“I asked Barbara Anderson, by way of email, a question about the Bethel libraries, in particular, those that the writers had access. I had hoped, based on her experience and perspective, she would jump in on one of our threads where the library topic had been raised. I didn’t know until several days ago that she and Joe had been away on vacation. Well, she emailed me an answer about those libraries which I thought to be very interesting. I asked her permission to share it all of with you, which she granted. I also decided to create a thread of its own – this one. As an aside, one of the posters to the original thread had made mention of a secret room. Barbara addresses this as well.” [From a thread posted by Len Miller. Republished at Freeminds.org.]
Yes, a Bethelite woman provided “spiritual food” to Jehovah’s Witnesses…
Over the last couple of years, many people have asked me to share my Writing Department resumé and basically that’s why I’m writing this. I hope that the knowledge of what I did at Bethel helps Jehovah’s Witnesses to understand that the Watchtower organization misleads the flock by inferring that all “spiritual food” somehow emanates only from men and particularly from the Governing Body.
Oh, by the way, I know without a doubt that while I was in the Writing Department, none of the Governing Body members researched and wrote any articles and books that the Society published. From information I received from insiders, this continued up until at least until the end of the 1990s.
Long out of print, A.O. Hudson’s book Bible Students in Britain (1989) documents in detail the first 100 years of IBSA / Watchtower history in the British Isles. When a few used copies occasionally become available on Amazon.com, the sellers typically demand rather high prices (usually well over $100 USD). I have provided a link to those sellers below this article. For those who would like to take a look before buying their own copy, I am pleased to announce that I’ve recently added a PDF version to our Documents pages in the 1980-1999 section.
THEY CAME off the boat at Southampton, that autumn day in 1881, two American evangelists, J.C. Sunderlin and J. J. Bender, commissioned by Pastor C.T. Russell to plant in Great Britain the message he was assiduously preaching in the United States. They set foot on these shores with the enthusiasm of men entering upon virgin territory. The States had known this evangelist for two years past; it was as yet unknown in this country. The time had come to proclaim it.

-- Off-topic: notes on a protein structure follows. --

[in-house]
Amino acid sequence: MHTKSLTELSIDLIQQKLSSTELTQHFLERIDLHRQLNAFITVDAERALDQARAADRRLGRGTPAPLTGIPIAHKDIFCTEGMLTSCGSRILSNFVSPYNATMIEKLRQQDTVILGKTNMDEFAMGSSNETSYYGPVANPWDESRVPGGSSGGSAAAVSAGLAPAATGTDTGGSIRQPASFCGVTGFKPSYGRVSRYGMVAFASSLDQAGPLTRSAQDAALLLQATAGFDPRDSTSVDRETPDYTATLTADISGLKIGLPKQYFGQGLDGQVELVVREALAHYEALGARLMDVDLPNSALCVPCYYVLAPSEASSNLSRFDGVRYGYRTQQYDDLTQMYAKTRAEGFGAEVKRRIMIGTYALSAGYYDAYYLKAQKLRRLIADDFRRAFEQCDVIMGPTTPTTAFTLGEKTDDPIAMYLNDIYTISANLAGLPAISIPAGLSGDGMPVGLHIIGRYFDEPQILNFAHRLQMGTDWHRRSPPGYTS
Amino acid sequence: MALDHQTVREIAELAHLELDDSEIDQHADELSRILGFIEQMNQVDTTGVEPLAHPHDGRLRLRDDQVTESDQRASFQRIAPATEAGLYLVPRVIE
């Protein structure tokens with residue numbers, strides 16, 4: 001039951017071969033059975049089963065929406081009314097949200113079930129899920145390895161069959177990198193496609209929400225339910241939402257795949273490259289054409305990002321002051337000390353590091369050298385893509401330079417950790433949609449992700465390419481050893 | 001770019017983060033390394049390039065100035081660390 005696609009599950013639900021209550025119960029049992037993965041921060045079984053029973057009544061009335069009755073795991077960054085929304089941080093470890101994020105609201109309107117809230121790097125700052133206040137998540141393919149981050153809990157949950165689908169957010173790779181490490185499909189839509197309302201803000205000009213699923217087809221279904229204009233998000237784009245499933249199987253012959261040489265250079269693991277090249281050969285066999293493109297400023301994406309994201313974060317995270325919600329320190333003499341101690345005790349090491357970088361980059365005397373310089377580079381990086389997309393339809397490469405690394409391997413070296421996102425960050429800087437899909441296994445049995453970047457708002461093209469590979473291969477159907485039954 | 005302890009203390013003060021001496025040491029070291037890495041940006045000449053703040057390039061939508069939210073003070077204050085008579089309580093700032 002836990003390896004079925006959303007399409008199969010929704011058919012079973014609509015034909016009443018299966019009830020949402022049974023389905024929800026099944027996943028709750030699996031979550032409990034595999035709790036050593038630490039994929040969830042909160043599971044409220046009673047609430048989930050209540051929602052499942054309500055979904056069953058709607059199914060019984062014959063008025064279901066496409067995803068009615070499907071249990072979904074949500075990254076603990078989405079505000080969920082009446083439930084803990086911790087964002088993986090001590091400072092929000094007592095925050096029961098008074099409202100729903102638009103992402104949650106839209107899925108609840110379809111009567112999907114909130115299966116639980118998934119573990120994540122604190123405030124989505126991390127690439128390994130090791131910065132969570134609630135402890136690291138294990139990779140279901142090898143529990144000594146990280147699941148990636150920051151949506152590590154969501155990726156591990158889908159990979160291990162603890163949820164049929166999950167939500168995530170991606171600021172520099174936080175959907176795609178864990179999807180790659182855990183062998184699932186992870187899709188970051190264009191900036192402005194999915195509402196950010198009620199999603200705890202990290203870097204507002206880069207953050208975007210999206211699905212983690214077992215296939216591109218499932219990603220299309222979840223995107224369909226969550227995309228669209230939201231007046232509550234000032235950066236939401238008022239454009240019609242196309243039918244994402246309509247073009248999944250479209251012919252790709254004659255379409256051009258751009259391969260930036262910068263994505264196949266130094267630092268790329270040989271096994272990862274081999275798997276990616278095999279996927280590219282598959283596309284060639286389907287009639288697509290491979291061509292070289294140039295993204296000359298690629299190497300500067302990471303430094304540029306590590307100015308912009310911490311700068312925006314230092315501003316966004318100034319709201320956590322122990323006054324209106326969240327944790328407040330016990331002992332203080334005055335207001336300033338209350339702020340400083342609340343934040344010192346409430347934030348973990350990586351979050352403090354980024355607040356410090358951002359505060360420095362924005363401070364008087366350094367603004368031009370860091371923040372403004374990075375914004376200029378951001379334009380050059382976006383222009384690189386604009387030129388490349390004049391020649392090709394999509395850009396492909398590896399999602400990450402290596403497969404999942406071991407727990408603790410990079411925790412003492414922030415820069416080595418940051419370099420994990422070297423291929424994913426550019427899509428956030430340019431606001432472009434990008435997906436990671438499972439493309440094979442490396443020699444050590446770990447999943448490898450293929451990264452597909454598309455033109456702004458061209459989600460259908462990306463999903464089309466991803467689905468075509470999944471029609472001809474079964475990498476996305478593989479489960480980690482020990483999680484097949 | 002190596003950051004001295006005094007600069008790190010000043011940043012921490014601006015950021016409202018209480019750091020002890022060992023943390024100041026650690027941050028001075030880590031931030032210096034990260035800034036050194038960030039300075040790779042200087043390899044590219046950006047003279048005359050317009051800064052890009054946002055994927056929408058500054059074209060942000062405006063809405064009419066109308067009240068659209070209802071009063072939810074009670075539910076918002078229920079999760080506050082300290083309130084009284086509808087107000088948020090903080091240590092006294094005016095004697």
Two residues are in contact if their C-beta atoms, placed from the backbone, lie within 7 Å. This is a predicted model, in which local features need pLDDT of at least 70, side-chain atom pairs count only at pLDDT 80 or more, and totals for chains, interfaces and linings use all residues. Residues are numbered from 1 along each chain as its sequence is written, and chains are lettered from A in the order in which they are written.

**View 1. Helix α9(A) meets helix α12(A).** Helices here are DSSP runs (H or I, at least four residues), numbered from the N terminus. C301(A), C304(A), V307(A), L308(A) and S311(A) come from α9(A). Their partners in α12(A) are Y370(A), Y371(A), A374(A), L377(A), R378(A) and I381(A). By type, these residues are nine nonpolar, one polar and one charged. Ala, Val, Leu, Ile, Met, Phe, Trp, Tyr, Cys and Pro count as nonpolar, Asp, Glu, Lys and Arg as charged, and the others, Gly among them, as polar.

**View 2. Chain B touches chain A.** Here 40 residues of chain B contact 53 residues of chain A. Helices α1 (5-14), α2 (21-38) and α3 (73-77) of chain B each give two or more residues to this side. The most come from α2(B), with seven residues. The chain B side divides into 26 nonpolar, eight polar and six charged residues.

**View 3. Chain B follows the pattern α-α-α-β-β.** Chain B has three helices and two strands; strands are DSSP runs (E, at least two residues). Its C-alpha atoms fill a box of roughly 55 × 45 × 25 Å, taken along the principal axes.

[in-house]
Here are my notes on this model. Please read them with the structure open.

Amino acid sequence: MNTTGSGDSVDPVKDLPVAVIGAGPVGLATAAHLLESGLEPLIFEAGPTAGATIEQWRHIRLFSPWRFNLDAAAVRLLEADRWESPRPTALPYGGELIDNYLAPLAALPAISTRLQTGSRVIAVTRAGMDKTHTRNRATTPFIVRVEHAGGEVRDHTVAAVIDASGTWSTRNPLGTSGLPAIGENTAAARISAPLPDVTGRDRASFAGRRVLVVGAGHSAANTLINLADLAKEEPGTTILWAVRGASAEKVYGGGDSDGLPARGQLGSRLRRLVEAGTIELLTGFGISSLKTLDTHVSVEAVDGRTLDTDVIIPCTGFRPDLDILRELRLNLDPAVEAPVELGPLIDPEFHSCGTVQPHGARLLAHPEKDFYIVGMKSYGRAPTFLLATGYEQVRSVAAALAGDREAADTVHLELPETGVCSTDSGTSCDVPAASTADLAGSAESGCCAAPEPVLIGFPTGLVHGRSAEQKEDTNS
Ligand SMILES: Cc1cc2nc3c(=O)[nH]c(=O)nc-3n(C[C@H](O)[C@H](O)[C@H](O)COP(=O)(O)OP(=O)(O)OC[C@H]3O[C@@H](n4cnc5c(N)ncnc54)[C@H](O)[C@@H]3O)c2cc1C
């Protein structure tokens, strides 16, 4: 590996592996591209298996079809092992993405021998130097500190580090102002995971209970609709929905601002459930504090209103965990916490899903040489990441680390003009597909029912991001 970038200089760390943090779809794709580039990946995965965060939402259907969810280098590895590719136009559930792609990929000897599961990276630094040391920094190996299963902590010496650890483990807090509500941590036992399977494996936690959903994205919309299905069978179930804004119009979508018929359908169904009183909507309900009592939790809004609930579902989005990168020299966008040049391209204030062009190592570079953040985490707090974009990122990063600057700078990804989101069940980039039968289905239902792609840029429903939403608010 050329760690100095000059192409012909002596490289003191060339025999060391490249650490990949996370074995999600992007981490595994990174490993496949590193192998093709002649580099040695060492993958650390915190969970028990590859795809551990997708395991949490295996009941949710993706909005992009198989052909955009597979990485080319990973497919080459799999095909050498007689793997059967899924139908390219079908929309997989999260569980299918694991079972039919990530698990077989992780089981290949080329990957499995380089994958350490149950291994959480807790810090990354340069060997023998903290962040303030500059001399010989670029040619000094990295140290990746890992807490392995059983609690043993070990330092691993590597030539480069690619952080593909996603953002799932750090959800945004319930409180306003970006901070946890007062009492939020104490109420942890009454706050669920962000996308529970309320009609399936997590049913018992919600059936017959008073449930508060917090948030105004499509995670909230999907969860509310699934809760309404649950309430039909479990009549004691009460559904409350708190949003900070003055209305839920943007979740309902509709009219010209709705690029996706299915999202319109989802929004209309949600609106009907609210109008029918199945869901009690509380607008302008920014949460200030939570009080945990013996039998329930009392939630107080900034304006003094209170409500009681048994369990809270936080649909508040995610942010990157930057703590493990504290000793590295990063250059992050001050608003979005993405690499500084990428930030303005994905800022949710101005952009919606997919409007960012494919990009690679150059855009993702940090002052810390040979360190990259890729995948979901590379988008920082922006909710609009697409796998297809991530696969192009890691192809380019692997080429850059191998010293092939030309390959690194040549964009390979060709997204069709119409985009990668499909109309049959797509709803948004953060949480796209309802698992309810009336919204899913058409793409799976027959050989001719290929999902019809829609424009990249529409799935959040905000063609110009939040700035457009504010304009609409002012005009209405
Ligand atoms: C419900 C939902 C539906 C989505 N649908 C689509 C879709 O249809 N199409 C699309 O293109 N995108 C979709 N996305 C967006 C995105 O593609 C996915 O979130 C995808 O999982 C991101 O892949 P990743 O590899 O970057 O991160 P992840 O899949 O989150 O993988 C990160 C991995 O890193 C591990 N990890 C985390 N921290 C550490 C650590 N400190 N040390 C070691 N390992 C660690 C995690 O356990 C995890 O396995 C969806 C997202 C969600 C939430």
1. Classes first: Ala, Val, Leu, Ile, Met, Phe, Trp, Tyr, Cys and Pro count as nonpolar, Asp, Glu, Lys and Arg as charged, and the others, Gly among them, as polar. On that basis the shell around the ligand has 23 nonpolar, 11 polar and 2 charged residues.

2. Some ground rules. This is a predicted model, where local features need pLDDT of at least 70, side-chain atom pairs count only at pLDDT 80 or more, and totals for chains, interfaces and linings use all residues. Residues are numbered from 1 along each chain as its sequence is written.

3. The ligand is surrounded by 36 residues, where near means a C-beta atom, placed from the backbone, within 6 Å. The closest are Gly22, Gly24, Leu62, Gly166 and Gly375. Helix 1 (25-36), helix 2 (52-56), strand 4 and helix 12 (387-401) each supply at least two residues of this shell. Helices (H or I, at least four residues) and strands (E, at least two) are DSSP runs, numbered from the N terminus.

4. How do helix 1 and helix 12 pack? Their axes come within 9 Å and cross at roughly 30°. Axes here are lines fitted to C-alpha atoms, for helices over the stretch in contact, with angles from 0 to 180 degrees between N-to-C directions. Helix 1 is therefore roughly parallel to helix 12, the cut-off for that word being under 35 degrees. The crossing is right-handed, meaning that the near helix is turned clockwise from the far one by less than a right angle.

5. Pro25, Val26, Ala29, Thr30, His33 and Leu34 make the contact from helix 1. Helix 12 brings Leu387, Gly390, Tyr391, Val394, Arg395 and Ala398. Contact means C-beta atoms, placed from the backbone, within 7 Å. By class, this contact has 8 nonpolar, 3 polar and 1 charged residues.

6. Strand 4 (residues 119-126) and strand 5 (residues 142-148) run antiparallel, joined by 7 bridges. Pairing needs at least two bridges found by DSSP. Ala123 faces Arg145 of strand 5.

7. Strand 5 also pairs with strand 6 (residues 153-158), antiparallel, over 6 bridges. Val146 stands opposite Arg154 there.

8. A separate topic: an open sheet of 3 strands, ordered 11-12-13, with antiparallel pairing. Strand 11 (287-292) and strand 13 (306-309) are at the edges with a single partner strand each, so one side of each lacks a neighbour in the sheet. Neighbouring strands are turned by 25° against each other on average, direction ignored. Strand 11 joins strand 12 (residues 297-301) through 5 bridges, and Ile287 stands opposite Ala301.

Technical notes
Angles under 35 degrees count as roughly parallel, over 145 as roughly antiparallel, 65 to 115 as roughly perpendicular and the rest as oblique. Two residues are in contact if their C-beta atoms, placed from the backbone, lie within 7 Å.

[The complete document is available for PDF download here: Click to View]
In the last few years, there have been numerous “adjustments” in the Watchtower organization, both for doctrines and procedures. While many readers find these revisions enlightening, there are still many brothers and sisters concerned about all these changes and what it means for Jehovah’s Witnesses.
Change is never easy, especially when it comes to doctrinal changes. You can be told that something is “truth” for years – even decades – only to have it changed within one simple article. Why is it so difficult to accept that a doctrine we had long believed as being based on the scriptures – turns out not to be?
The fundamental reason is the way our brain is hard-wired. Beliefs (whether religious or otherwise) are designed to enhance our ability to survive; they are biologically designed to be strongly resistant to change.
“Belief” is the name of the survival tool of the brain designed to enhance the danger-identification function of our senses. Beliefs extend the range of our senses so that we can better detect danger, thereby improving our chances of survival as we move into and out of unfamiliar territory. Beliefs, in essence, serve as our brain’s “long-range danger detectors.”
Because our senses and beliefs are both tools for survival, our brain considers them to be separate but equally important. In other words, beliefs operate independent of our sensory data (evidence). Beliefs are not supposed to change easily or simply in response to evidence. If they did, they would be virtually useless as tools for survival. A police officer unable to believe in the possibility of a killer lurking behind someone with a harmless appearance could easily get hurt or killed.
As far as our brain is concerned, there is no need for data and belief to agree. They each augment and supplement one another. They are designed to be able to disagree. So when data (or evidence) and belief come into conflict, the brain does not automatically give preference to the data.
This is why beliefs (even erroneous beliefs) do not die in the face of contradictory evidence. The brain doesn’t care whether the belief matches the data. It cares whether the belief is helpful for survival. Period.